It’s home to Big Ben, Stonehenge, the much-loved Devonshire tea, and of course, the Queen herself. The United Kingdom has plenty to offer and now it’s calling you.
With a destination famed for its iconic attractions, it’s hard to know just how much cash you’ll use to make your holiday everything you’ve dreamed of.
On average, it’s a good idea to put aside enough for £100 of currency in the UK each day but your budget will ultimately depend on how you like to travel (for example, budget or luxury) as well as how long you’ll be away for.
How Much Does the Average Person Spend a Day in the UK?
This depends on the kind of holiday you want. You could get the royal treatment, splashing out on a hotel room worth of Buckingham Palace and hailing the quintessential black taxi everywhere you go.
Or you could opt for the affordable hostel experience, getting about via London’s renowned Underground and grabbing all your meals from the nearest Pret A Manger sandwich shop.
On average, tourists spend around £120 a day while in the United Kingdom. If you’re careful, you could spend less than £50 a day, or you can make it a grand occasion with a daily budget of up to £300.
How Much Should I Budget for a Trip to England?
How Much Spending Money for One Week in the UK?
A week in the United Kingdom is the perfect taster. You could easily spend all 7 days in London or choose to hit up the major cities. We recommend the following budget per person for 7 days in the UK:
- Budget trip: £320
- Mid-range trip: £800
- Luxury trip: £2000
How Much Spending Money for 2 Weeks in the UK?
Two weeks gives you enough time to venture further afield. You could hire a car and head south to Stonehenge and the White Cliffs of Dover or take a road trip from Edinburgh to spot the monster at Loch Ness. Whatever your itinerary, this average per person budget for 2 weeks should get you by:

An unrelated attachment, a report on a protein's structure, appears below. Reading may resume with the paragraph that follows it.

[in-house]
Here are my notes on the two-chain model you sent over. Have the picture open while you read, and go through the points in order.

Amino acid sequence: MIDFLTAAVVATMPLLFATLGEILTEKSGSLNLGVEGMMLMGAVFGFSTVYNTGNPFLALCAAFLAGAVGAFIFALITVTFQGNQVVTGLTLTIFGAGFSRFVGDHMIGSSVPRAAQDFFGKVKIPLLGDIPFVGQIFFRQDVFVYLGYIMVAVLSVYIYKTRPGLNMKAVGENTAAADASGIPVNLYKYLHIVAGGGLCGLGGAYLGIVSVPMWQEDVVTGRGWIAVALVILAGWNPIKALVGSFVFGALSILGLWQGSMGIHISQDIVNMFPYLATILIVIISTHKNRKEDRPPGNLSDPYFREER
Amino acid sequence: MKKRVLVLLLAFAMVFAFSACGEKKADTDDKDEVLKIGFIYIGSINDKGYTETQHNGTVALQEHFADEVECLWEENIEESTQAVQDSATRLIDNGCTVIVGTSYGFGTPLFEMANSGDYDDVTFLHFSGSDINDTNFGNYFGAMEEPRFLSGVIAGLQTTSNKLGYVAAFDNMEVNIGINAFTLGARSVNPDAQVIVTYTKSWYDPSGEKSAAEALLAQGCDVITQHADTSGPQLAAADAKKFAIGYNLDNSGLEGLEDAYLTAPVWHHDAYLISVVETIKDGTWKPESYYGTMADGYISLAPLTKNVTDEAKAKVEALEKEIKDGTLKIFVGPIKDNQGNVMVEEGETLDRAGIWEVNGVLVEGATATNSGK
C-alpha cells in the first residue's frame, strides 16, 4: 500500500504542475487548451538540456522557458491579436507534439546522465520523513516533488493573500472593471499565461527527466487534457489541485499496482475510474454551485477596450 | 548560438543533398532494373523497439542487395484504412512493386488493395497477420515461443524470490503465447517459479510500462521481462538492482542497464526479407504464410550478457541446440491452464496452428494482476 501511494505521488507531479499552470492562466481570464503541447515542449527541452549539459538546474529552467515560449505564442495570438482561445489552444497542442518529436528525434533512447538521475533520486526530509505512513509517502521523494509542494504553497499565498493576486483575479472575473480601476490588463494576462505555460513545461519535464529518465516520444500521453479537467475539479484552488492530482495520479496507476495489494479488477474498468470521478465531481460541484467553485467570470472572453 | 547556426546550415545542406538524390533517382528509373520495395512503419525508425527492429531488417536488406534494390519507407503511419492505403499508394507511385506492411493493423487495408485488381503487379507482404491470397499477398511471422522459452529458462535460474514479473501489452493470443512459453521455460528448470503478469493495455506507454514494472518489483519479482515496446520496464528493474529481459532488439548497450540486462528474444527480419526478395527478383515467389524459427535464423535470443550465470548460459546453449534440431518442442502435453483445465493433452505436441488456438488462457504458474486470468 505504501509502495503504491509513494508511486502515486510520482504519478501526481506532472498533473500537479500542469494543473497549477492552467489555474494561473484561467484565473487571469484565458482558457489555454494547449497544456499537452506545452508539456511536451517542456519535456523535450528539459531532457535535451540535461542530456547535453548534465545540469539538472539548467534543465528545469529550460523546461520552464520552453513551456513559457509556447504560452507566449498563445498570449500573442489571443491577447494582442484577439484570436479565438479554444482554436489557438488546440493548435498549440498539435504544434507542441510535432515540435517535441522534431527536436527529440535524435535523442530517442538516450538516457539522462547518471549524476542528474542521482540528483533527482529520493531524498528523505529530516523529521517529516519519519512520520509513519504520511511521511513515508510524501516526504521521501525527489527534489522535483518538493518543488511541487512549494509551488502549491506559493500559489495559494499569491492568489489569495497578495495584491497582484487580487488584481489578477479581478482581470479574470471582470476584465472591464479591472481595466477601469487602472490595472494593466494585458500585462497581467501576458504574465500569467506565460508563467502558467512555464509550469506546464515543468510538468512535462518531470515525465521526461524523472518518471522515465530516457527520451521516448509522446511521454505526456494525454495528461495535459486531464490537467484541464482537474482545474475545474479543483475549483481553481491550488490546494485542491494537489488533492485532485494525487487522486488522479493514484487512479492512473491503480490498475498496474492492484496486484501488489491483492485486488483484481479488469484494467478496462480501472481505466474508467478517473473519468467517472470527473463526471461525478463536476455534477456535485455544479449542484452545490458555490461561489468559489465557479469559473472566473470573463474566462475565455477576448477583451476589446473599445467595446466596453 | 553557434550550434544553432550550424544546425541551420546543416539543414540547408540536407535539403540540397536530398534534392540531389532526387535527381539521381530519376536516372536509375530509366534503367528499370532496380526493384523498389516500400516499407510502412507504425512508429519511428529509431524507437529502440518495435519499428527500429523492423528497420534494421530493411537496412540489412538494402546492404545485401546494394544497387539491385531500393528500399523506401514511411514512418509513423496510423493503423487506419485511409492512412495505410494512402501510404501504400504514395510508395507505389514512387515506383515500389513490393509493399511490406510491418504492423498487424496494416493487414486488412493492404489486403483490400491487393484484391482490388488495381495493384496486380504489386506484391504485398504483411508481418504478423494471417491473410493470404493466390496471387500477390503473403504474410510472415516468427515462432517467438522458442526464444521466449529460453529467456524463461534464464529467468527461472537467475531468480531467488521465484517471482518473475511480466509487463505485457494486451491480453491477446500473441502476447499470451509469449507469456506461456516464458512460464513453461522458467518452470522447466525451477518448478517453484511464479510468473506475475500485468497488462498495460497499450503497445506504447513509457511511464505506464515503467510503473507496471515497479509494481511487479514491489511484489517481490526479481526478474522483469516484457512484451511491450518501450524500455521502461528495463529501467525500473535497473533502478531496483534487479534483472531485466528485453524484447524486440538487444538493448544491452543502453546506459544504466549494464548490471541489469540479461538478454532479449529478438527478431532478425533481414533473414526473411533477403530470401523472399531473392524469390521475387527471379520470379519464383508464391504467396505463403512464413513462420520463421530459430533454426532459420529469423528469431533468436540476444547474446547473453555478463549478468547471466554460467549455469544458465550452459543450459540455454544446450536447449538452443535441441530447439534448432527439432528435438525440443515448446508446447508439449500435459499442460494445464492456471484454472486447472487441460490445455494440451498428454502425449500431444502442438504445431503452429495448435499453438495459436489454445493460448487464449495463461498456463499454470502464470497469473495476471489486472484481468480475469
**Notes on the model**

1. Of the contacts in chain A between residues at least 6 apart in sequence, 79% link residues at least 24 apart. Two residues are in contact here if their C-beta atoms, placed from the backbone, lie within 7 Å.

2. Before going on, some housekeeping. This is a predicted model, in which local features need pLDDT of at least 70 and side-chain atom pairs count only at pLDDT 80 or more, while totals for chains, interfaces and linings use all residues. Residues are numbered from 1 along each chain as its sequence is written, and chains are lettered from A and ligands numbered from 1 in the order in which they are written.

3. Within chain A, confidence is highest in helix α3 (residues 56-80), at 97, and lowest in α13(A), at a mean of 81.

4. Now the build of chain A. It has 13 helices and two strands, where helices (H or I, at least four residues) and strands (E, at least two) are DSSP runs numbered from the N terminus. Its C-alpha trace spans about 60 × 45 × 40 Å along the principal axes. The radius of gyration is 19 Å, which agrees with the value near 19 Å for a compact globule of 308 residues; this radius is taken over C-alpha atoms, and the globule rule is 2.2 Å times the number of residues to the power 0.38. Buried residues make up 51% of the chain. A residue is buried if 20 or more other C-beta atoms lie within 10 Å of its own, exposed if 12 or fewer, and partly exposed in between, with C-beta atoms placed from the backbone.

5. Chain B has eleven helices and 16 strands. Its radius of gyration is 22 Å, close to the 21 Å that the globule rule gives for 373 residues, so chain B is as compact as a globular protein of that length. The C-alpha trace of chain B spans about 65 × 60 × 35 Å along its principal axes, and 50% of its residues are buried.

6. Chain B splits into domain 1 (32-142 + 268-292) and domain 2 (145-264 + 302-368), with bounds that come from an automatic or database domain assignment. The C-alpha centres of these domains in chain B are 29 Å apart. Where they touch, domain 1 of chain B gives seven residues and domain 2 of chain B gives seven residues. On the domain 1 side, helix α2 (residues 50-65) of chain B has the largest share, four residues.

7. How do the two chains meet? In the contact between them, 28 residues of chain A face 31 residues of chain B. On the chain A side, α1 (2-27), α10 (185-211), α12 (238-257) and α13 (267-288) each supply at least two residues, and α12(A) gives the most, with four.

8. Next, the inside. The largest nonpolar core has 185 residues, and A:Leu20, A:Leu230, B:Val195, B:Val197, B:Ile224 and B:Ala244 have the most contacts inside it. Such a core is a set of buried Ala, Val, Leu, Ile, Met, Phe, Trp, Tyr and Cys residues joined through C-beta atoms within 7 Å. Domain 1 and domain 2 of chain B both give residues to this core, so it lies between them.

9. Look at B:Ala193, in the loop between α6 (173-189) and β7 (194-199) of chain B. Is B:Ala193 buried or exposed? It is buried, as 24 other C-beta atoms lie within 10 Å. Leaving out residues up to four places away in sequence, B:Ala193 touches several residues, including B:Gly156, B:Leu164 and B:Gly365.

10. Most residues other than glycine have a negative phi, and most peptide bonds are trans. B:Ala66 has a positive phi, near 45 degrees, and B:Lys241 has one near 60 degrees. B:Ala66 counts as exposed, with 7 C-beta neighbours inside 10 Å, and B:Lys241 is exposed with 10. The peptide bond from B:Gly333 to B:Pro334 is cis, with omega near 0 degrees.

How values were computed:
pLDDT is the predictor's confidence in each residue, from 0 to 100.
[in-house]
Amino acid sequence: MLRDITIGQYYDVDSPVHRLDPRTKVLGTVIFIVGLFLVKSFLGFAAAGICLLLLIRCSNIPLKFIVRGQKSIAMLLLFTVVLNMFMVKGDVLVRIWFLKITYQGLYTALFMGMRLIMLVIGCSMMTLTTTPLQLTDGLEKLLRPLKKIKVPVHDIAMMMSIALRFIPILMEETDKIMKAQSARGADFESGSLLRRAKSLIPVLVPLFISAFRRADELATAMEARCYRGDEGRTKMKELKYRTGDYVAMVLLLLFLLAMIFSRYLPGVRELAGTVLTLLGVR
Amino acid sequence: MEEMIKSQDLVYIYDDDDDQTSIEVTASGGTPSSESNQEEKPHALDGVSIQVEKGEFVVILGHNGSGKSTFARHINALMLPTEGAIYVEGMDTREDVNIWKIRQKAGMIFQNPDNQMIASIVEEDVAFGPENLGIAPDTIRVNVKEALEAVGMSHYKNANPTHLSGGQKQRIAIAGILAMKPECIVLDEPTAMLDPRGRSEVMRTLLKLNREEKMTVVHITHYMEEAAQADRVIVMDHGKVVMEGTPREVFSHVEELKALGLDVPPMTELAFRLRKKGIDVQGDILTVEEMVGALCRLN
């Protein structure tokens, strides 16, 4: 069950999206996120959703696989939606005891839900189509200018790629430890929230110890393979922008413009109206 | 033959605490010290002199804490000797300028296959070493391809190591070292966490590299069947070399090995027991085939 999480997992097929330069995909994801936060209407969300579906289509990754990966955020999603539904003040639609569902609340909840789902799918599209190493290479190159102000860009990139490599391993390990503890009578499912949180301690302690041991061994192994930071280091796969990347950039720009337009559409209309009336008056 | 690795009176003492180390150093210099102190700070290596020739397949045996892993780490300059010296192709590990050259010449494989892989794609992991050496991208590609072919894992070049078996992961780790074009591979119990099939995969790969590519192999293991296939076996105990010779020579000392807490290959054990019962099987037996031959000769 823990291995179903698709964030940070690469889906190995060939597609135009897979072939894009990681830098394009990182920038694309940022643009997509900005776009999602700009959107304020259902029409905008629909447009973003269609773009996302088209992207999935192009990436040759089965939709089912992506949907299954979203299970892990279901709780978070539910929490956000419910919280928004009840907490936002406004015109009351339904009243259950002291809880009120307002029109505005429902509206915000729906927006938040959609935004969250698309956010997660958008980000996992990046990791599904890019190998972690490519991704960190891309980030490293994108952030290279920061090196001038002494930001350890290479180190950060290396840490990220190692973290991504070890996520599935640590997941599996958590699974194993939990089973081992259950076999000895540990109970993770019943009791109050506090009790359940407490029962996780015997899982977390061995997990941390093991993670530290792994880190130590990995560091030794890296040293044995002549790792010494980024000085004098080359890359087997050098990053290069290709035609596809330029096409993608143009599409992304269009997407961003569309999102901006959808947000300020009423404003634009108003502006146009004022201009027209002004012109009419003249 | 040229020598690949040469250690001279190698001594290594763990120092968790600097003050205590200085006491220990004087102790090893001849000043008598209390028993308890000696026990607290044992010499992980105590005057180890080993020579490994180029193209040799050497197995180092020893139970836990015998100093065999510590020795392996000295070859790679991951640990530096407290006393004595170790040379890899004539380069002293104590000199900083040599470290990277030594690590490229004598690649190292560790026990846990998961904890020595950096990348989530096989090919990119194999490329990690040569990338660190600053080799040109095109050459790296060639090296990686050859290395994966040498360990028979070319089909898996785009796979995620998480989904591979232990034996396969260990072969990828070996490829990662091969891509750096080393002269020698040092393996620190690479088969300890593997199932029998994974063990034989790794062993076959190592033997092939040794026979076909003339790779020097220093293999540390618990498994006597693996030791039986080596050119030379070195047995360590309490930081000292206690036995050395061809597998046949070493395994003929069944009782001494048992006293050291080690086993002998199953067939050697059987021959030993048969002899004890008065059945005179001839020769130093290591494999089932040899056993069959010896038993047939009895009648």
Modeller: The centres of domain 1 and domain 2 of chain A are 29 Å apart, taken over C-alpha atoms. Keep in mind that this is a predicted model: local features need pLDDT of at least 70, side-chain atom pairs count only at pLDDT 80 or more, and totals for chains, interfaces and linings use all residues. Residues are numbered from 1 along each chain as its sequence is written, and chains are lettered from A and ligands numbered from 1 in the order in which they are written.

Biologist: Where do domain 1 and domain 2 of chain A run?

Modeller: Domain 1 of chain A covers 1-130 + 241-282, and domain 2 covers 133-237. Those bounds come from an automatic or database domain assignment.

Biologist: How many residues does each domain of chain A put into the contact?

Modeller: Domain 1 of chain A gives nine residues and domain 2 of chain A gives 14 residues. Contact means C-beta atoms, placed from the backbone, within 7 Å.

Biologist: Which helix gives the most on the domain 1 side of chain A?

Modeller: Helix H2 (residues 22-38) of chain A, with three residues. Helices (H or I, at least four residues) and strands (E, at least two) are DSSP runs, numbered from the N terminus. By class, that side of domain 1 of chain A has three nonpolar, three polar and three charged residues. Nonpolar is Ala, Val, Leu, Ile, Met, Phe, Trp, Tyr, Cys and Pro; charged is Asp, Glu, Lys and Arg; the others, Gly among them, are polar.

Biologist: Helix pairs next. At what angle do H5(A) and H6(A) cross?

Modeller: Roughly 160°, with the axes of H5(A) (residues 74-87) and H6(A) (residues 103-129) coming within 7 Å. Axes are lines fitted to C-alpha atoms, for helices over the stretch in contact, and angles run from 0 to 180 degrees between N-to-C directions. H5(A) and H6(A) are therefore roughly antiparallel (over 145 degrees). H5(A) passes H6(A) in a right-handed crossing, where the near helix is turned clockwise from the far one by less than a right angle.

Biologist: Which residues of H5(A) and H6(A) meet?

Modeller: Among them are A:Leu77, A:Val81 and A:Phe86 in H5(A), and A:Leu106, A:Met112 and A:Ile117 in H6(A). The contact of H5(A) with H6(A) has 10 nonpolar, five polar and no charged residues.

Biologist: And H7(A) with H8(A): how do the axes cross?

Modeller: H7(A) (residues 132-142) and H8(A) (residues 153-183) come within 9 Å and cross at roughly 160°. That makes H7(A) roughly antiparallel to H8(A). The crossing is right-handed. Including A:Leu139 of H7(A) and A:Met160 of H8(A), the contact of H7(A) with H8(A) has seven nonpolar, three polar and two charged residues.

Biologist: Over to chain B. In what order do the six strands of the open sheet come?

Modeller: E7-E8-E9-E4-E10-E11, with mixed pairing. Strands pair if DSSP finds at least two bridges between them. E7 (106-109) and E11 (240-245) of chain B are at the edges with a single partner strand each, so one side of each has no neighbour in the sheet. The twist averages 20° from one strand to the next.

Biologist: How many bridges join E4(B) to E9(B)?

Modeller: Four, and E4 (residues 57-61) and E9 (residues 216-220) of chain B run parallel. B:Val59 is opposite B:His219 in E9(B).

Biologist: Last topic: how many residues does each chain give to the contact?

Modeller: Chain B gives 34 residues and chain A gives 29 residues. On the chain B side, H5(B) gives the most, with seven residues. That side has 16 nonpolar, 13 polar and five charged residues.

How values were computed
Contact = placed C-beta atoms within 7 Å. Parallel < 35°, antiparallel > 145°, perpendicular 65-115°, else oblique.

- Budget trip: £630
- Mid-range trip: £1635
- Luxury trip: £4373
How Much to Take for a Month in the UK?
A whole month in the UK allows you to adventure deep into the heartland of the island nation. You’ll have the opportunity to explore England, Scotland, and Wales – with time to spare to venture over to North Ireland.
For such a journey, we recommend budgeting the following sums per person:
- Budget trip: £1349
- Mid-range trip: £3503
- Luxury trip: £9370
How Much It Costs to Travel in the UK
The Costs of Accommodation in the UK
Are you up for a hotel room fit for royalty or will you be sharing more of the Tower of London experience a la 1500s (in modern terms: the backpacker dorm)?
No matter the experience, your accommodation choice will likely take a hefty chunk from your holiday savings (especially if you’re spending a lot of time in London).
The United Kingdom has a plethora of accommodation options, from the darling B&B in the Cotswolds to the traditional English pub arrangement.
On average, you’ll be looking at about £150 per night, though this can vary dramatically depending on your budget:
- Budget: £15-30 per night
- Mid-range: £65-130 per night (£100-200 in London)
- Luxury: from £130 per night (or £200 in London)
The Costs of Food in the UK
The United Kingdom is known for its homey suppers and high teas, from the quintessential pub to the high-end restaurant.
How much you spend on food will depend greatly on your mode of eating: a visit to the supermarket for a home-cooked meal will cost far less than a decadent night at one of London’s culinary hotspots.